Despite supportive structural changes to reduce stigma towards lesbian, gay, and bisexual, transgender, queer, and questioning (LGBTQ) Canadian residents, sexual minority youth still face disparities compared to heterosexual peers. We aimed to characterize LGBTQ-supportive environments and political climates, and examine their links to suicidal behavior among sexual minority adolescents in western Canada. Data were from the 2013 British Columbia Adolescent Health Survey, a cluster-stratified random cross-sectional survey of public school students in BC, Canada; We sampled 2678 self-identified LGB and mostly heterosexual students (69% girls) from 274 schools, representing an estimated provincial population of 24,624 sexual minority students in weighted models. Student reports of past-year suicidal ideation, suicidal attempts, and self-harm behaviors were merged with community-level data assessing diverse aspects of LGBTQ-supportive resources and progressive political climates in communities surrounding the schools. Adjusted multilevel models showed that for sexual minority adolescent girls, higher community LGBTQ-supportiveness predicted marginally significant lower suicidal ideation (aOR = 0.94, 95% CI [0.88, 1.01]) and suicidal attempts (aOR = 0.91, 95% CI [0.83, 1.00]) and significantly lower self-harm behaviors (aOR = 0.91, 95% CI [0.85, 0.98]). Further, progressive political climates predicted marginally significant lower suicidal ideation (aOR = 0.89, 95% CI [0.78, 1.02]) and significantly lower self-harm behaviors (aOR = 0.87, 95% CI [0.77, 0.99]). For sexual minority adolescent boys, no community-level variables were associated with suicidal behavior in adjusted models. Thus, LGBTQ-supportive communities and progressive political climates appear to be protective against suicidal behavior among sexual minority adolescent girls, but not sexual minority adolescent boys.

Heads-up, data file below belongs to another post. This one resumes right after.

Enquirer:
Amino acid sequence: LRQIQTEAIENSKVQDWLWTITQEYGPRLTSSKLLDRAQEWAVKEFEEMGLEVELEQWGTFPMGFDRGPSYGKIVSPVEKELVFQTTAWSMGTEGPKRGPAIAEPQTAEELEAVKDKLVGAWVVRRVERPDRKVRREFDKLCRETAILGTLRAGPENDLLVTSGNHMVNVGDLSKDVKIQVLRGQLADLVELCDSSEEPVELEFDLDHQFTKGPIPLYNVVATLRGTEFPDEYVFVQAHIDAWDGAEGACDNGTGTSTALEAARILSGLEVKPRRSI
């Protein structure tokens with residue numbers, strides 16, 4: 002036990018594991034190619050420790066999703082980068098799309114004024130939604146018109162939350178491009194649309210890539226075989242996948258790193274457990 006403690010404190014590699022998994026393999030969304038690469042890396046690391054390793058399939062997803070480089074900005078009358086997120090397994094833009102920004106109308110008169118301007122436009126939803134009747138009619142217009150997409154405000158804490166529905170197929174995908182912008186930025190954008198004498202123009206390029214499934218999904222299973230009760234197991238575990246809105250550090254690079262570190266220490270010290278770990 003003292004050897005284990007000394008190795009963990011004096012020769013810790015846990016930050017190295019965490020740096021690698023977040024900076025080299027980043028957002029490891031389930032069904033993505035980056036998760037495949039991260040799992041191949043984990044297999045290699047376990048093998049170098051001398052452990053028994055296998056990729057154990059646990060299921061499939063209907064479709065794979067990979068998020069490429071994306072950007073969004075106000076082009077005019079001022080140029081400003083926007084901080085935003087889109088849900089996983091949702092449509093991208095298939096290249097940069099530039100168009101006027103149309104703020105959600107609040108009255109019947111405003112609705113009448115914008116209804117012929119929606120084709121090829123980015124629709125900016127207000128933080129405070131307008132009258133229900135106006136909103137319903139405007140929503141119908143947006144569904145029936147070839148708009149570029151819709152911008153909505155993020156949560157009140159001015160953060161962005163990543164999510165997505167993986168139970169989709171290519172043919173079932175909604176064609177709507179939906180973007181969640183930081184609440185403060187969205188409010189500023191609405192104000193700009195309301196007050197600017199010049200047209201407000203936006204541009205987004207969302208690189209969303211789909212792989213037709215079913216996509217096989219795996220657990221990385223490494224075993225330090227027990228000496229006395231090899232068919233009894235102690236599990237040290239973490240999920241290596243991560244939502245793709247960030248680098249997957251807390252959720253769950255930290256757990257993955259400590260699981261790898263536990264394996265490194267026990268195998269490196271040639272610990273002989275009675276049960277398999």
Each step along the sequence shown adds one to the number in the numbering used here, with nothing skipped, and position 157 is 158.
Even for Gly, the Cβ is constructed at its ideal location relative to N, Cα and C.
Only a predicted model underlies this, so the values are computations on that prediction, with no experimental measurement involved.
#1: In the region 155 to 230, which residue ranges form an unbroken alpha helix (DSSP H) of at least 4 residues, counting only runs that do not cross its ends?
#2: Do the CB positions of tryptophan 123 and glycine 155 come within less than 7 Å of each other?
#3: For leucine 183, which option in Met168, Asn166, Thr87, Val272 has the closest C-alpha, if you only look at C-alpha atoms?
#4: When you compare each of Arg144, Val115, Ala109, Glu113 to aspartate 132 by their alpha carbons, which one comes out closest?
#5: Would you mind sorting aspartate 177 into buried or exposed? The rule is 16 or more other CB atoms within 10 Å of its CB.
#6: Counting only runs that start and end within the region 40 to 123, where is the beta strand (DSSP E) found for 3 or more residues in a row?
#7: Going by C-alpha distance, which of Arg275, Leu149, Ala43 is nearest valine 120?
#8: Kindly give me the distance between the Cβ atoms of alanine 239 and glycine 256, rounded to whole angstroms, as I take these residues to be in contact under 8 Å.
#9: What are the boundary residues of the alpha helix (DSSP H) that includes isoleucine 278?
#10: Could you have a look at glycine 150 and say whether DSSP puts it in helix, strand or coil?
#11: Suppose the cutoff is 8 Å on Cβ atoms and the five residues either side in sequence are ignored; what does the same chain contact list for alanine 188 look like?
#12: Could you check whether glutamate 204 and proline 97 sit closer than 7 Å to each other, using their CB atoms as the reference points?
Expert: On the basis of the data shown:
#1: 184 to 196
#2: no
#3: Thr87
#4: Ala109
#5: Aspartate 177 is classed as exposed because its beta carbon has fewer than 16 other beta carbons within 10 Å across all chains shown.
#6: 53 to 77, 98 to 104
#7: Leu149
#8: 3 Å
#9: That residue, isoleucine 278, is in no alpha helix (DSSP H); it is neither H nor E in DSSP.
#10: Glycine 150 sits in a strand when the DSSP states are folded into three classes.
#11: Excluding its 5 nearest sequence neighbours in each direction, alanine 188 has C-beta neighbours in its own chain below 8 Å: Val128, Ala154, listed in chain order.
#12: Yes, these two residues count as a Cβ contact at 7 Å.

|Original language||English (US)|
|State||Published - Oct 2020|
Bibliographical noteFunding Information:
This research was supported by the Eunice Kennedy Shriver National Institute of Child Health & Human Development of the National Institutes of Health under Award Number R01HD078470 (PI: MEE). The content is solely the responsibility of the authors and does not necessarily represent the official views of the National Institutes of Health. These analyses were also supported in part by grants CPP-86374 and MOP-119472 from the Canadian Institutes of Health Research (PI: EMS). The authors acknowledge the McCreary Centre Society, Vancouver, BC, Canada, for permission to access the 2013 British Columbia Adolescent Health Survey data. The authors also thank Monica Shannon for collecting, cleaning, and coding data for the LGBTQ-Supportive Environments Inventory, Dr. Jennifer Wolowic for project coordination in British Columbia, and Len Kne for pooling geographic data from Statistics Canada. Preliminary results of these analyses were presented at the Society for Research on Adolescence meeting on 12 April 2018 in Minneapolis, Minnesota.
© 2020 The Author(s)
- LGBTQ-supportive environment
- Project RESPEQT
- Sexual minority youth
- Structural stigma